Female Filmmakers Take Over the Big Screen at DIFF 2016
by Alex Garcia Topete
DIFF 2016 has many qualities: diversity of countries and nationalities, diversity of voices, diversity of genres, and one that may not be apparent enough, so we might as well write about it—a great and ample selection of female filmmakers proving that women-driven films, long and short, are neither “too niche” nor the unicorns of cinema.
For instance, women are the creative force behind a range of short films that start with animation with as Alexa Lim Haas’s GLOVE, Nina Gantz’s EDMOND, and Kelsey Goldich’s TRASH CAT; takes a turn for the historical with Isabella Wing-Davey’s THE RAIN COLLECTOR in Victorian England and Samantha Buck’s THE MINK COLLECTOR in 1980s Dallas; comes back to the contemporary with Margaret Brown’s THE BLACK BELT about Alabama’s voting rights, Elizabeth Lo’s BISONHEAD about Ponderai Native Americans at Yellowstone, and Iva Radivojevic’s NOTES FROM THE BORDER about the refugee crisis in Europe and the Middle East; delves into the complexities of human emotion with Tati Barrantes’s VINCENT with the mourning of a beloved pet, Amelie Wen’s FATA MORGANA with the funeral arrangements of a departed child, and Maïmouna Doucouré’s MAMAN(S) with the dilemma of getting rid of a second mother; then explores the human condition itself through Amy Nicholson’s PICKLE and its goldfish life, Katie Featherston’s BECOMING and the existential questions about independence and commitment, and Ivete Lucas’s THE SEND OFF and the ritualistic nature of prom night; and finally takes a turn for both the darker and lighter with Augustine Frizzell’s MINOR SETBACK about scheming teens, Zia Anger’s MY LAST FILM focusing on two actresses, Eva Vives’s JOIN THE CLUB feature a troubled writer, and Hannah Pearl Utt’s EAT PREY depicting a bachelorette party gone awry.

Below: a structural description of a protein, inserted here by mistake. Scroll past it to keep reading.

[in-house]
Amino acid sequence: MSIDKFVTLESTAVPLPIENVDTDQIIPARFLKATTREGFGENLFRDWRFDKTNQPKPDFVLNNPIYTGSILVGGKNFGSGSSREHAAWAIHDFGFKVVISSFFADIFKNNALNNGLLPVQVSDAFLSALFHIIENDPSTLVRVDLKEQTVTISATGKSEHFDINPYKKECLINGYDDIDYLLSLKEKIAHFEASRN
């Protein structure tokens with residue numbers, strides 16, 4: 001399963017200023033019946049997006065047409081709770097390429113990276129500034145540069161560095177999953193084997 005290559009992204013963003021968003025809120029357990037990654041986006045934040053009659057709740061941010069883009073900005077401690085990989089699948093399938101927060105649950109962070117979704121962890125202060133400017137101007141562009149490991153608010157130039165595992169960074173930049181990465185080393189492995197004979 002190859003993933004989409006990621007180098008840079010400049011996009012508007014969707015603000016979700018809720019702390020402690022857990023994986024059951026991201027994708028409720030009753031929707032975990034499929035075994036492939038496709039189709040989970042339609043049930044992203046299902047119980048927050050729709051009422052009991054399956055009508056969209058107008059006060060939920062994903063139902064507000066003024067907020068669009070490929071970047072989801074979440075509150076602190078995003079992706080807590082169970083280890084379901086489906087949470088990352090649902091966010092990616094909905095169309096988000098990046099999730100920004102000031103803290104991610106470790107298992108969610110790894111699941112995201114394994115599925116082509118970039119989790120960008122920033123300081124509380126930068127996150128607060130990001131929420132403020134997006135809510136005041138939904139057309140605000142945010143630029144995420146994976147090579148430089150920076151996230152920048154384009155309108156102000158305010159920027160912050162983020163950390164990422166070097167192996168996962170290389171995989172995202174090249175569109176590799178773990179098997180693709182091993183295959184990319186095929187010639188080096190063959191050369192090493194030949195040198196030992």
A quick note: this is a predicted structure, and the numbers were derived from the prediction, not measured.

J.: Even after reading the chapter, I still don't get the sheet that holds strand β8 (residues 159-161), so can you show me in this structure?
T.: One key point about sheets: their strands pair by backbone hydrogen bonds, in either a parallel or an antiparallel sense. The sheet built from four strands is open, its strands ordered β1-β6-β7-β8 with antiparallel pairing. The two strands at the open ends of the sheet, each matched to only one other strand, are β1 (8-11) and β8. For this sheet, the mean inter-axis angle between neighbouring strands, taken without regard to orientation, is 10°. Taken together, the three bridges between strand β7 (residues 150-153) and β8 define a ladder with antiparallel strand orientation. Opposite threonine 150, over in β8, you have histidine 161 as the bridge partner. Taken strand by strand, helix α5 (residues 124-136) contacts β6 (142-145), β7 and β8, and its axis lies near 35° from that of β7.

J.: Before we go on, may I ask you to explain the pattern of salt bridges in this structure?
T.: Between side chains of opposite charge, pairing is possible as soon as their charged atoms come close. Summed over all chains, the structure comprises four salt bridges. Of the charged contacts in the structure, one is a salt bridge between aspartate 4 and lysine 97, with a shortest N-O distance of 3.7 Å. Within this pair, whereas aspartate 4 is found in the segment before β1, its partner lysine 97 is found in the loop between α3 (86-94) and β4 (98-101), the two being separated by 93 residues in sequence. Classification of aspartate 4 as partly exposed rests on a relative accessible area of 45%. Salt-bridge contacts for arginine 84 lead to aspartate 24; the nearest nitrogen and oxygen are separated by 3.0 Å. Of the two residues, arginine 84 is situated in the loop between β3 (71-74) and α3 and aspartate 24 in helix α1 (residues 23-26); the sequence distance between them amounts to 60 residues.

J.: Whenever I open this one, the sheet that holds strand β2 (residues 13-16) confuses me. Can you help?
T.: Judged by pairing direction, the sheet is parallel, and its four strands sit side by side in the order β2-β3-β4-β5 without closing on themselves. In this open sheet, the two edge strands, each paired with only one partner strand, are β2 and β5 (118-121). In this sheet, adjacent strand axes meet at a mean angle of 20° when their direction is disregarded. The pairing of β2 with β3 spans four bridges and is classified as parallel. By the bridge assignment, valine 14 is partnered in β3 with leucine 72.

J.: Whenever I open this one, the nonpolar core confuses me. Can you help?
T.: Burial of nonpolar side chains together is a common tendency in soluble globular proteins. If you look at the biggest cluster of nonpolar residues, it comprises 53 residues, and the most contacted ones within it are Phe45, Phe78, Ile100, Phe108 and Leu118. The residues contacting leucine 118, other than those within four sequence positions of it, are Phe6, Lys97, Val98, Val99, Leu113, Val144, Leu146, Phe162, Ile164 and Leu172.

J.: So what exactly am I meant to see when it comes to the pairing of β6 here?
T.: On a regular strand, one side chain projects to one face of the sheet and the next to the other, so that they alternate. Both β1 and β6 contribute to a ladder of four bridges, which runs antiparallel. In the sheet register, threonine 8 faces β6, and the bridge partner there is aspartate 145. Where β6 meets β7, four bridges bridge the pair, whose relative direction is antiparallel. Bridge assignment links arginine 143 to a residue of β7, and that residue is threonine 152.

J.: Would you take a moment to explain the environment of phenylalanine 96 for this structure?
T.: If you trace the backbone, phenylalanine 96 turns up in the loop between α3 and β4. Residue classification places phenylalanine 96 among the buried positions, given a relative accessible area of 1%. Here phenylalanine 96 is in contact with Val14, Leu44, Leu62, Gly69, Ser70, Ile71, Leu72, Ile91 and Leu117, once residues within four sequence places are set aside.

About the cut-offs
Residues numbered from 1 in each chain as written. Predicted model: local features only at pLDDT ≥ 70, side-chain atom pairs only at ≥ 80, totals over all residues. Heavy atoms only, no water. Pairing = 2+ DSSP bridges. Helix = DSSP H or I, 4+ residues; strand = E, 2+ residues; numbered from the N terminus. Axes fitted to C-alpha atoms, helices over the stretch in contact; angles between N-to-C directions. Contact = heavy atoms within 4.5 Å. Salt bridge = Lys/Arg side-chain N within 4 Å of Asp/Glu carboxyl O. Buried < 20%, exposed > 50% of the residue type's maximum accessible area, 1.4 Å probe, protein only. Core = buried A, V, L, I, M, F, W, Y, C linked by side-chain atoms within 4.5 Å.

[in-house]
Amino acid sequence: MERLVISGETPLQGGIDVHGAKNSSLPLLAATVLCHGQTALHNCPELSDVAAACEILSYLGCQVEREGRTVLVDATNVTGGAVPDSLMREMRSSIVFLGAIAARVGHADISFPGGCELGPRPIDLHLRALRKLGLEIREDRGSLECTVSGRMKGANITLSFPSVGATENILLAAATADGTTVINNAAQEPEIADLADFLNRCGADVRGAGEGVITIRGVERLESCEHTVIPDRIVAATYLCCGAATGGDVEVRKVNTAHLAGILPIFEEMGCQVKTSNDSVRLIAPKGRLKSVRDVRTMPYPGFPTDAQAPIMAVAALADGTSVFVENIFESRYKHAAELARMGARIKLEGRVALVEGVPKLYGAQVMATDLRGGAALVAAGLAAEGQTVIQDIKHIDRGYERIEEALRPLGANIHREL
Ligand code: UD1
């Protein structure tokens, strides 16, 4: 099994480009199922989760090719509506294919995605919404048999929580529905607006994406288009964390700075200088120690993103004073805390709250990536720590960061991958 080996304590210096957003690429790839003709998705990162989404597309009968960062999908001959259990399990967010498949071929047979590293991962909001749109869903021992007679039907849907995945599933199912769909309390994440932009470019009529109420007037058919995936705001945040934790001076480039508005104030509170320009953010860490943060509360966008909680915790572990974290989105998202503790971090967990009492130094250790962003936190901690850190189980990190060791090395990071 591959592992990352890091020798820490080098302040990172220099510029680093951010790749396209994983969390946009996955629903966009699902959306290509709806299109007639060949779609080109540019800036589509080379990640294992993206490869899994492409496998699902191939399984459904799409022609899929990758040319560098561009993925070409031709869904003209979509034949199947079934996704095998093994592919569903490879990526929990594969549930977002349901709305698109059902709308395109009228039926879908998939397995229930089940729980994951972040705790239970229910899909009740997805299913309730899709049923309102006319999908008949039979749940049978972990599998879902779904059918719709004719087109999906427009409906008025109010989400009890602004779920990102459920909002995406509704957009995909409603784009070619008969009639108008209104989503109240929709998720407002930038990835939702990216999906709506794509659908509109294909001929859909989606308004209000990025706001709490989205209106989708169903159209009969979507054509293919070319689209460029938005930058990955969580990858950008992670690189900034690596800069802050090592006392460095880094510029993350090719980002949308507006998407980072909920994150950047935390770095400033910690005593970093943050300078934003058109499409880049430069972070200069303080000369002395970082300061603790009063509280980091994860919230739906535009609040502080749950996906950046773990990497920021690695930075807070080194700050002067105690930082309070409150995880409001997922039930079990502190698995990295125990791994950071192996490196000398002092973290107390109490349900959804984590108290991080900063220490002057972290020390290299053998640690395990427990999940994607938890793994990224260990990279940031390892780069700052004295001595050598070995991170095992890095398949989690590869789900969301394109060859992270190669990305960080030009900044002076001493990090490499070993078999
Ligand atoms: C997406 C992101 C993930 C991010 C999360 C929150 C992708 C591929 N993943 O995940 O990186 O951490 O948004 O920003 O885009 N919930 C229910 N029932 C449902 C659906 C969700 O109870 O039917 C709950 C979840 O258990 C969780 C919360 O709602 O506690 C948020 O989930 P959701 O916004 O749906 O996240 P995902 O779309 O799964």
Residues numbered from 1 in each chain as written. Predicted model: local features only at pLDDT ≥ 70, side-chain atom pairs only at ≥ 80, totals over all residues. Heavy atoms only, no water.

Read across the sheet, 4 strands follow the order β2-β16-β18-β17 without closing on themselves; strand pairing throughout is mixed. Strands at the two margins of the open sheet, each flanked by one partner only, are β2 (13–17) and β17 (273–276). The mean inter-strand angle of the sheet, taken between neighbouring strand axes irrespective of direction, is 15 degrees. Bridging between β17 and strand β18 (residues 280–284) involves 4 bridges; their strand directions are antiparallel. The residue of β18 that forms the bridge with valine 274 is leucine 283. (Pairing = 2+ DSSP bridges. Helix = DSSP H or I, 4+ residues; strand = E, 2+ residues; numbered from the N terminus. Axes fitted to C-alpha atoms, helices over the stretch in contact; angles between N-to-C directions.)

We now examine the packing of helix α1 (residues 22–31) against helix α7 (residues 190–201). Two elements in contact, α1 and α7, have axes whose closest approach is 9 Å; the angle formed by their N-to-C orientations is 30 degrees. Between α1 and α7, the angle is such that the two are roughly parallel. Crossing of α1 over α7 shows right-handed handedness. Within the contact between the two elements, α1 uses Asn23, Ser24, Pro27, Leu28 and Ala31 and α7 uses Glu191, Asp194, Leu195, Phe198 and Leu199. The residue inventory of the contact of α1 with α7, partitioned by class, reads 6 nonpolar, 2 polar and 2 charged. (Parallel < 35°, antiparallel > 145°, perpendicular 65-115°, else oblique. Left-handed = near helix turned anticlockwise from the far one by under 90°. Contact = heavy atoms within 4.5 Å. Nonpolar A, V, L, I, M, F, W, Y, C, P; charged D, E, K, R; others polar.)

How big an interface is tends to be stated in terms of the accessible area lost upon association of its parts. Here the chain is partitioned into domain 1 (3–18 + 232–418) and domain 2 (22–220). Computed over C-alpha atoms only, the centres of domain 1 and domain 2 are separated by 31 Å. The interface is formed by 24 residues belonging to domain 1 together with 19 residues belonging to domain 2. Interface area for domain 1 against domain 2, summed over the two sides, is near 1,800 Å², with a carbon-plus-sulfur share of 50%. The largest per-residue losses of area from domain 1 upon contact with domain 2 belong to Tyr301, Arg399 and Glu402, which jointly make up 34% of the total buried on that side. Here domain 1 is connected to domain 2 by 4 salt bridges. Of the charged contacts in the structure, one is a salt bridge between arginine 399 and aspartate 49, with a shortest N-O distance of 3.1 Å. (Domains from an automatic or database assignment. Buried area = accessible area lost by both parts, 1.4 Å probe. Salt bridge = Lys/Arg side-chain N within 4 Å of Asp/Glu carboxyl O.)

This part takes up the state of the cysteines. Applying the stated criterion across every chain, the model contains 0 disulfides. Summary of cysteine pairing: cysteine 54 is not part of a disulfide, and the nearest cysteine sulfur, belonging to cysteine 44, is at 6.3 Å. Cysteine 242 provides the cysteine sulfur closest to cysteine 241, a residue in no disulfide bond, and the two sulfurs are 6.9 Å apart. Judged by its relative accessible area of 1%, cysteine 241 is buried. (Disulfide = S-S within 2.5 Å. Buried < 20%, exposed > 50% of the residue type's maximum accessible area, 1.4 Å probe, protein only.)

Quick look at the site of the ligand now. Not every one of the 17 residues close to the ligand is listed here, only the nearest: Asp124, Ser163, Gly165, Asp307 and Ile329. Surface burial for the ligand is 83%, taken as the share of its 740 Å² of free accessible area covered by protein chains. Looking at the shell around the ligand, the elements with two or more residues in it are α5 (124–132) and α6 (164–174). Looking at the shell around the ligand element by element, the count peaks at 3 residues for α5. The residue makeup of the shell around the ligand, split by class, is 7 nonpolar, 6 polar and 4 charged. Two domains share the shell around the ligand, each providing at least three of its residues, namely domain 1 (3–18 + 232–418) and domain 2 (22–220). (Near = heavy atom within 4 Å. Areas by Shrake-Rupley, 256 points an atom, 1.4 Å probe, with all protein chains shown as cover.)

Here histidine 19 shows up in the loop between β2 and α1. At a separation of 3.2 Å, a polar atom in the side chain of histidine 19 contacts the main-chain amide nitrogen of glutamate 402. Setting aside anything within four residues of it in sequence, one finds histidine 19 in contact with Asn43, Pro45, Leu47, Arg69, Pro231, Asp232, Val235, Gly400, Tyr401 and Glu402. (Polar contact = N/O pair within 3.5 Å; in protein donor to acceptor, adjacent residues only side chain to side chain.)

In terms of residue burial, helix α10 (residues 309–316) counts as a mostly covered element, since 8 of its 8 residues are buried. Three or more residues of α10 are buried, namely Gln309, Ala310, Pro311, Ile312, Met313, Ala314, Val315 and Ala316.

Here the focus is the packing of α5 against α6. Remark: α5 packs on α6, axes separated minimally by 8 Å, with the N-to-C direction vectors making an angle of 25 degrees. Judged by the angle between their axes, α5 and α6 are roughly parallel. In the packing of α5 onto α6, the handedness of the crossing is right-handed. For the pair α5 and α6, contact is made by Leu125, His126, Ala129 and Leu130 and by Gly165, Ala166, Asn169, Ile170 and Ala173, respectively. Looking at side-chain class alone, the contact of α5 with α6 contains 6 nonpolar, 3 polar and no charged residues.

On the feature-length side, female filmmakers show the dimension of their prowess as auteurs, including A TALE OF LOVE AND DARKNESS, a historical adaptation about the establishment of Israel with Natalie Portman at the helm and on the screen, Elizabeth Wood’s WHITE GIRL and its stark and shocking look at the dangers of making life-shattering mistakes as a teenager, and LATE BLOOMERS, a story about identity and acceptance in spite of societal standards from experienced eye of Julia Dyer. Other narratives include Maris Curran’s FIVE NIGHTS IN MAINE, a tense chamber drama that meditates on death and the various ways we experience mourning, Alice WInocour’s DISORDER about a soldier battling PSTD and Claire Carré’s apocalyptic narrative, EMBERS.
There are also a wide array of documentaries including several co-directed by female filmmakers like Jessica Dimmock’s THE PEARL, a story that examines the lives of four transgender veterans; and the behind-the-scenes political drama WEINER, co-directed by Elyse Steinberg. Other docs directed by women include Cassie Hay’s THE LIBERATORS, which examines the case of a collection of medieval artifacts that went missing in Germany at the end of World War II, as well as two music docs showcasing talented female voices on the music scene, MISS SHARON JONES and PRESENTING PRINCESS SHAW.
Ultimately, DIFF 2016’s line up can be considered evidence that it may be time to recognize and promote that women deservedly belong (and always have belonged) behind the camera calling the shots (literally) as much as women they have been icons on the silver screen.
DALLAS STAR AWARDOscar-nominated cinematographer Ed Lachman’s selected credits as a cinematographer include the Emmy nominated HBO mini-series Mildred Pierce and films including DESPERATELY SEEKING SUSAN, THE VIRGIN SUICIDES, and the Academy Award nominated film, CAROL.
DALLAS MAVERICK AWARDOur inaugural honoree, director, editor and producer Monte Hellman, has a career that spans six decades. He has exemplified cutting-edge filmmaking across multiple genres, working with budgets, from high-to-low, and with casts featuring stars to complete unknowns.